Soviet sculptures from the Territory of Terror Memorial Museum, Lviv. Photos 2021 by Milena Khomchenko.

The project Garden was initially presented by Kateryna Lysovenko in July 2021 as a series of monumental drawings installed at the Territory of Terror Memorial Museum in Lviv. The works depict various scenes in which works of decommunized Soviet public art stored in the museum appear as utopian garden sculptures. Drawing on her academic background—Lysovenko specialized in monumental art at the National Academy of Fine Arts and Architecture in Kyiv, a program based on socialist realist artistic methodology—she reappropriates the Soviet legacy by means of contemporary painting practice. The way the artist engages the socialist realist approach is bilateral—from one side, she modernizes Soviet techniques, working with the corresponding painting scale, while on the other, she taps into its ideological capacities. 

Just as official Soviet policy on art was aimed at depicting the party’s vision of the future, Lysovenko’s practice constructs her own future world of the free and diverse society. The artist simultaneously frees her agency from its limitations, taking over the formerly-propagandist position of Soviet apparatus, standing above the artist, by self-constructing the inclusive agenda of collective fate. 

The works were made before the start of Russia’s full-scale war and invasion of Ukraine, but they articulate a transition in a societal conversation about the heritage of the Soviet Union, as well as its other remains. This war is driven by the perpetration of Soviet narratives and a desire to reconstruct the former imperialist governing forms. What does it mean for an artist to work with the Soviet legacy under such circumstances? How can one work with a previous ideology’s erasure, when that erasure is partly being carried out by a current ideology that wishes to selectively reconstruct it for its own neo-imperialist agenda? This remains an ethically and culturally complicated question, however, Lysovenko’s work elaborates an alternative approach to disarming opponents with their own weapons, as well as returning the subjectivity of an artistic history shadowed by the imperial figure of the neighboring state by recognizing and constructively engaging Ukraine’s own position within Soviet legacy.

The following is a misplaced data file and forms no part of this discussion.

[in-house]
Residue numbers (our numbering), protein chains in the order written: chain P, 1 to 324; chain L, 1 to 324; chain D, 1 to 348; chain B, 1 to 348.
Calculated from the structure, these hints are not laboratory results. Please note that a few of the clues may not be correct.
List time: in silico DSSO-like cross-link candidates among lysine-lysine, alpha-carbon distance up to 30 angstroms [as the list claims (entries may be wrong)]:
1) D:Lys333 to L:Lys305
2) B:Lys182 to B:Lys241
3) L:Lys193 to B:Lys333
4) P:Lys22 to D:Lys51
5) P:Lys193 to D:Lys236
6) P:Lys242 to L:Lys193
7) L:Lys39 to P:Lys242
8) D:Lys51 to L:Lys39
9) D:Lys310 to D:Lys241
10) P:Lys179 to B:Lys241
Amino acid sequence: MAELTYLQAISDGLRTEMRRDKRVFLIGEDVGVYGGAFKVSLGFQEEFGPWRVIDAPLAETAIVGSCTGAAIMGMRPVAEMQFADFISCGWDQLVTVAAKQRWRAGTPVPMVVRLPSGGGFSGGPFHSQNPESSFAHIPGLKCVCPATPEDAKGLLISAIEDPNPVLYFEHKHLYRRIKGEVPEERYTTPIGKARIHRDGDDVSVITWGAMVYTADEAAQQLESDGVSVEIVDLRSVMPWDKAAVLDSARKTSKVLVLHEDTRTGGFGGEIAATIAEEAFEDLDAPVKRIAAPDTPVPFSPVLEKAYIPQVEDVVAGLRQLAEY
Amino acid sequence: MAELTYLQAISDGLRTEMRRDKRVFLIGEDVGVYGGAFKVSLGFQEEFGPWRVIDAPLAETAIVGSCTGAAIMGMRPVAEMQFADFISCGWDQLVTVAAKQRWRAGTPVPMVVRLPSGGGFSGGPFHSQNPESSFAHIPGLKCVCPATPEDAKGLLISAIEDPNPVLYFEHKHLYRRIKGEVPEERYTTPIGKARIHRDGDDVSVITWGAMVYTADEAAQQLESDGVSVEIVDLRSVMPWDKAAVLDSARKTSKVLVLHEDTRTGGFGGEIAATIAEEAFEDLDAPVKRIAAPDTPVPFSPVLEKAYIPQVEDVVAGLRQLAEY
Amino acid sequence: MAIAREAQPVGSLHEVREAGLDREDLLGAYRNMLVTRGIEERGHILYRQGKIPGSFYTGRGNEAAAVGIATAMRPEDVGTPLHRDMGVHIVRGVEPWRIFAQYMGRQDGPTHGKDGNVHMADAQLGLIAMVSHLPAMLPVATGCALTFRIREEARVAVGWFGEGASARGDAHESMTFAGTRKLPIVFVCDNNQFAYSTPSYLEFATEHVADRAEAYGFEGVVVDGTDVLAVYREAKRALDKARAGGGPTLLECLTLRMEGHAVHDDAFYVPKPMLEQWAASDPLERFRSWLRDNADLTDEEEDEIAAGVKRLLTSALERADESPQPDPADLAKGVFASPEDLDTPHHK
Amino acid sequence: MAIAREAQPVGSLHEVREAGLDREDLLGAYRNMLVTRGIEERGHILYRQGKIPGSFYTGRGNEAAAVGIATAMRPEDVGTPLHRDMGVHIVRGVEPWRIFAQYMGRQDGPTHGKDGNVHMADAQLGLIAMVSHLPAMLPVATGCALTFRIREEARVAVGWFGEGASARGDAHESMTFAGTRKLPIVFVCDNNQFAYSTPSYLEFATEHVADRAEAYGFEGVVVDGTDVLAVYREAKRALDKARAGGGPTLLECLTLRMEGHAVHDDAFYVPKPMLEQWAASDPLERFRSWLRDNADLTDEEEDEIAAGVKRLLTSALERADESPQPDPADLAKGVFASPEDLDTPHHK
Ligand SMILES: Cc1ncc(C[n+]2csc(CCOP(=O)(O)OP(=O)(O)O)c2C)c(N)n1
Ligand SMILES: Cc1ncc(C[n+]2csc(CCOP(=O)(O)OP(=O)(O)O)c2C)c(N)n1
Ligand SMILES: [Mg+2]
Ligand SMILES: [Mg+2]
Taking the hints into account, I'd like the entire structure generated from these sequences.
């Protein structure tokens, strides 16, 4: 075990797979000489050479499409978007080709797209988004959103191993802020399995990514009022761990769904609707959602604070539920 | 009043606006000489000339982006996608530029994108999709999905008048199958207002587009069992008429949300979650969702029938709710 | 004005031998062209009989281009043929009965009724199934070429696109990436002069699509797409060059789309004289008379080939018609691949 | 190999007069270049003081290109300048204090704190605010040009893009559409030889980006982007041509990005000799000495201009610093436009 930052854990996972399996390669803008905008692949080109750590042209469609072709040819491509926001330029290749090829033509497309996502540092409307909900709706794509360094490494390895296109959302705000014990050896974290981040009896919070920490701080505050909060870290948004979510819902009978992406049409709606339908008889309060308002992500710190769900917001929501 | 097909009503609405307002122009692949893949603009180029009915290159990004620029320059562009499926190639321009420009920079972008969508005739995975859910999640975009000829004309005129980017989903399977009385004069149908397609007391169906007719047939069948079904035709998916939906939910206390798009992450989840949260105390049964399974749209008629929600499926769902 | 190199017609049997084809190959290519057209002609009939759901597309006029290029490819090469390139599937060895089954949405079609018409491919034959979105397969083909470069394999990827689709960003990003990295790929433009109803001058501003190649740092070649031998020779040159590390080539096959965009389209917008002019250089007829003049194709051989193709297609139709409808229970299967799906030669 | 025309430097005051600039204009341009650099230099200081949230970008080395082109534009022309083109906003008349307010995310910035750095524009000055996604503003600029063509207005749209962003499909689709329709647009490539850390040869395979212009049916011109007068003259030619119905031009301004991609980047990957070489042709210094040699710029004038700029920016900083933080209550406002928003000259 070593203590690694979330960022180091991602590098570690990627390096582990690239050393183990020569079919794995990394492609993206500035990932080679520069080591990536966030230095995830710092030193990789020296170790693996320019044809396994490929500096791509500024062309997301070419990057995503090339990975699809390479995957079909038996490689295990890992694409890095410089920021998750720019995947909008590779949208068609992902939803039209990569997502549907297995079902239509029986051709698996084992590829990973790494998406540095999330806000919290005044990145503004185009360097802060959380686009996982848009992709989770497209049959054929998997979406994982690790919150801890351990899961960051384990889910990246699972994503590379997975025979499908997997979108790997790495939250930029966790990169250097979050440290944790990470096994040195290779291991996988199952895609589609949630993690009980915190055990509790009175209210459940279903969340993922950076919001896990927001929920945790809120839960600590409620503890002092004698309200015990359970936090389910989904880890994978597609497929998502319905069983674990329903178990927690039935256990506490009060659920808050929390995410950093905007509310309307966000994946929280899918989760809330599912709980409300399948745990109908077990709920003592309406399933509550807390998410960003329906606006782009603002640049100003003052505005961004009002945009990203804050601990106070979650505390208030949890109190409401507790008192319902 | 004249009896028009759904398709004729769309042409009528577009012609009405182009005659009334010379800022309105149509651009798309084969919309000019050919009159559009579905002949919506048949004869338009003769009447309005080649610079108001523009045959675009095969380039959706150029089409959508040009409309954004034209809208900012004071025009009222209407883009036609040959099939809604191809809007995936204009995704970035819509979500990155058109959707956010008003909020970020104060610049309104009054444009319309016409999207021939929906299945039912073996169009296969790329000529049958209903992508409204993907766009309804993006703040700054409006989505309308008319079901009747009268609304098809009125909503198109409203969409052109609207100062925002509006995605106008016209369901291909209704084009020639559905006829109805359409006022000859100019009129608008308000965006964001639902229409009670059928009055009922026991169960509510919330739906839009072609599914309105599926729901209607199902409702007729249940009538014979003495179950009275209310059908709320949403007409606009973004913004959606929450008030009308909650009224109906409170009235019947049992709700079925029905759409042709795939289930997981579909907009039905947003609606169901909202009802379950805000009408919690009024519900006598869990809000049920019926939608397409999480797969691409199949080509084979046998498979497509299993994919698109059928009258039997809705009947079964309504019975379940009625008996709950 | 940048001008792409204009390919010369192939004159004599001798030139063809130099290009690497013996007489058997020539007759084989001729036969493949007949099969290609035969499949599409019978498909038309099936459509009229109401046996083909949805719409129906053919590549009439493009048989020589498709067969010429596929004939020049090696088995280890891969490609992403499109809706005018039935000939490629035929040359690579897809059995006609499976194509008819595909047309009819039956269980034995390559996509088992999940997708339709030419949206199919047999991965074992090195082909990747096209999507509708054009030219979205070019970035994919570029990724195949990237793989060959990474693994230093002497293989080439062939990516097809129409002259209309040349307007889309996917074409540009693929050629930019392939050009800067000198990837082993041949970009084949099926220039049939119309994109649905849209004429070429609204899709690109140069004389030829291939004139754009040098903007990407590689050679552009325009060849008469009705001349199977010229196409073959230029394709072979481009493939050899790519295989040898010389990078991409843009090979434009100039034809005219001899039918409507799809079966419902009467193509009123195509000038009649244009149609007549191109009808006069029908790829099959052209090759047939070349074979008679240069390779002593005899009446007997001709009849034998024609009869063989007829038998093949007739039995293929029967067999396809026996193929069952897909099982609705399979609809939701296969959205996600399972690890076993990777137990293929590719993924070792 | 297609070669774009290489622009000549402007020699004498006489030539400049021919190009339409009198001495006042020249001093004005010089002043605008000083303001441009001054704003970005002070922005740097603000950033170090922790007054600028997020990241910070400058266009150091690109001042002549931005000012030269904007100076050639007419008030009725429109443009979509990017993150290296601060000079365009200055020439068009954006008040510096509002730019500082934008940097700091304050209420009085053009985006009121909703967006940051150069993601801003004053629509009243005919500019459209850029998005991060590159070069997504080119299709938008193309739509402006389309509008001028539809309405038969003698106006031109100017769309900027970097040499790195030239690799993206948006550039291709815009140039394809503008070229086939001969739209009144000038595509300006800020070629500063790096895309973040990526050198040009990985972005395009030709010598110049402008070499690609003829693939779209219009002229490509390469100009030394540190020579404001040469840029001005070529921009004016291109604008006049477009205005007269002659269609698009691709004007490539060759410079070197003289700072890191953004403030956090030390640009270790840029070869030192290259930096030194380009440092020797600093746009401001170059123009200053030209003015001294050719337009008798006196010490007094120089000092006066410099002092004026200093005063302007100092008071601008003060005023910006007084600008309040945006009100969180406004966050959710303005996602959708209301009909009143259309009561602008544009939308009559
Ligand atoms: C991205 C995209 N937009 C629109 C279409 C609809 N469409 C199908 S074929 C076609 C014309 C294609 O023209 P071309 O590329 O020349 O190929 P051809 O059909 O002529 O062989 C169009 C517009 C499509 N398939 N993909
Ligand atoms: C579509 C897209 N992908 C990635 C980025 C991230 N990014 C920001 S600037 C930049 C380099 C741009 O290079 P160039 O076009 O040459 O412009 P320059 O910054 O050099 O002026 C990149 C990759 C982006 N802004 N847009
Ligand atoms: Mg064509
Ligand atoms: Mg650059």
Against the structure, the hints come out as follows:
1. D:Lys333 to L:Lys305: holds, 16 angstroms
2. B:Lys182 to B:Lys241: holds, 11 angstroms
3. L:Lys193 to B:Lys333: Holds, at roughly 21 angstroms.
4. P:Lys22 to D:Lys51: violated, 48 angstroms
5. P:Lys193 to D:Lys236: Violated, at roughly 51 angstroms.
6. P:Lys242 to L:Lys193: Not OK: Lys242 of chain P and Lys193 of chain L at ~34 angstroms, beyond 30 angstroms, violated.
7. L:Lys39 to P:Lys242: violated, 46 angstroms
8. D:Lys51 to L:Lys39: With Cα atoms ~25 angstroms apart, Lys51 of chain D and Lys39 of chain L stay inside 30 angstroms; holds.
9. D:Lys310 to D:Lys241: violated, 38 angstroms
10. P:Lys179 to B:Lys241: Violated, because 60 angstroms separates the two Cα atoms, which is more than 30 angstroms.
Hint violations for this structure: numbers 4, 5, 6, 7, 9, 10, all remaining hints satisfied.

Published 28 November 2022
Kateryna Lysovenko was born in 1989. She is a graduate of the Hrekov Art School (Odesa), the National Academy of Fine Arts and Architecture (Kyiv) and Kyiv Academy of Media Arts (Kyiv). Her works address the topic of the violence often caused by political, religious and ideological oppression. Since the start of the full-scale war, she has been displaced to Austria.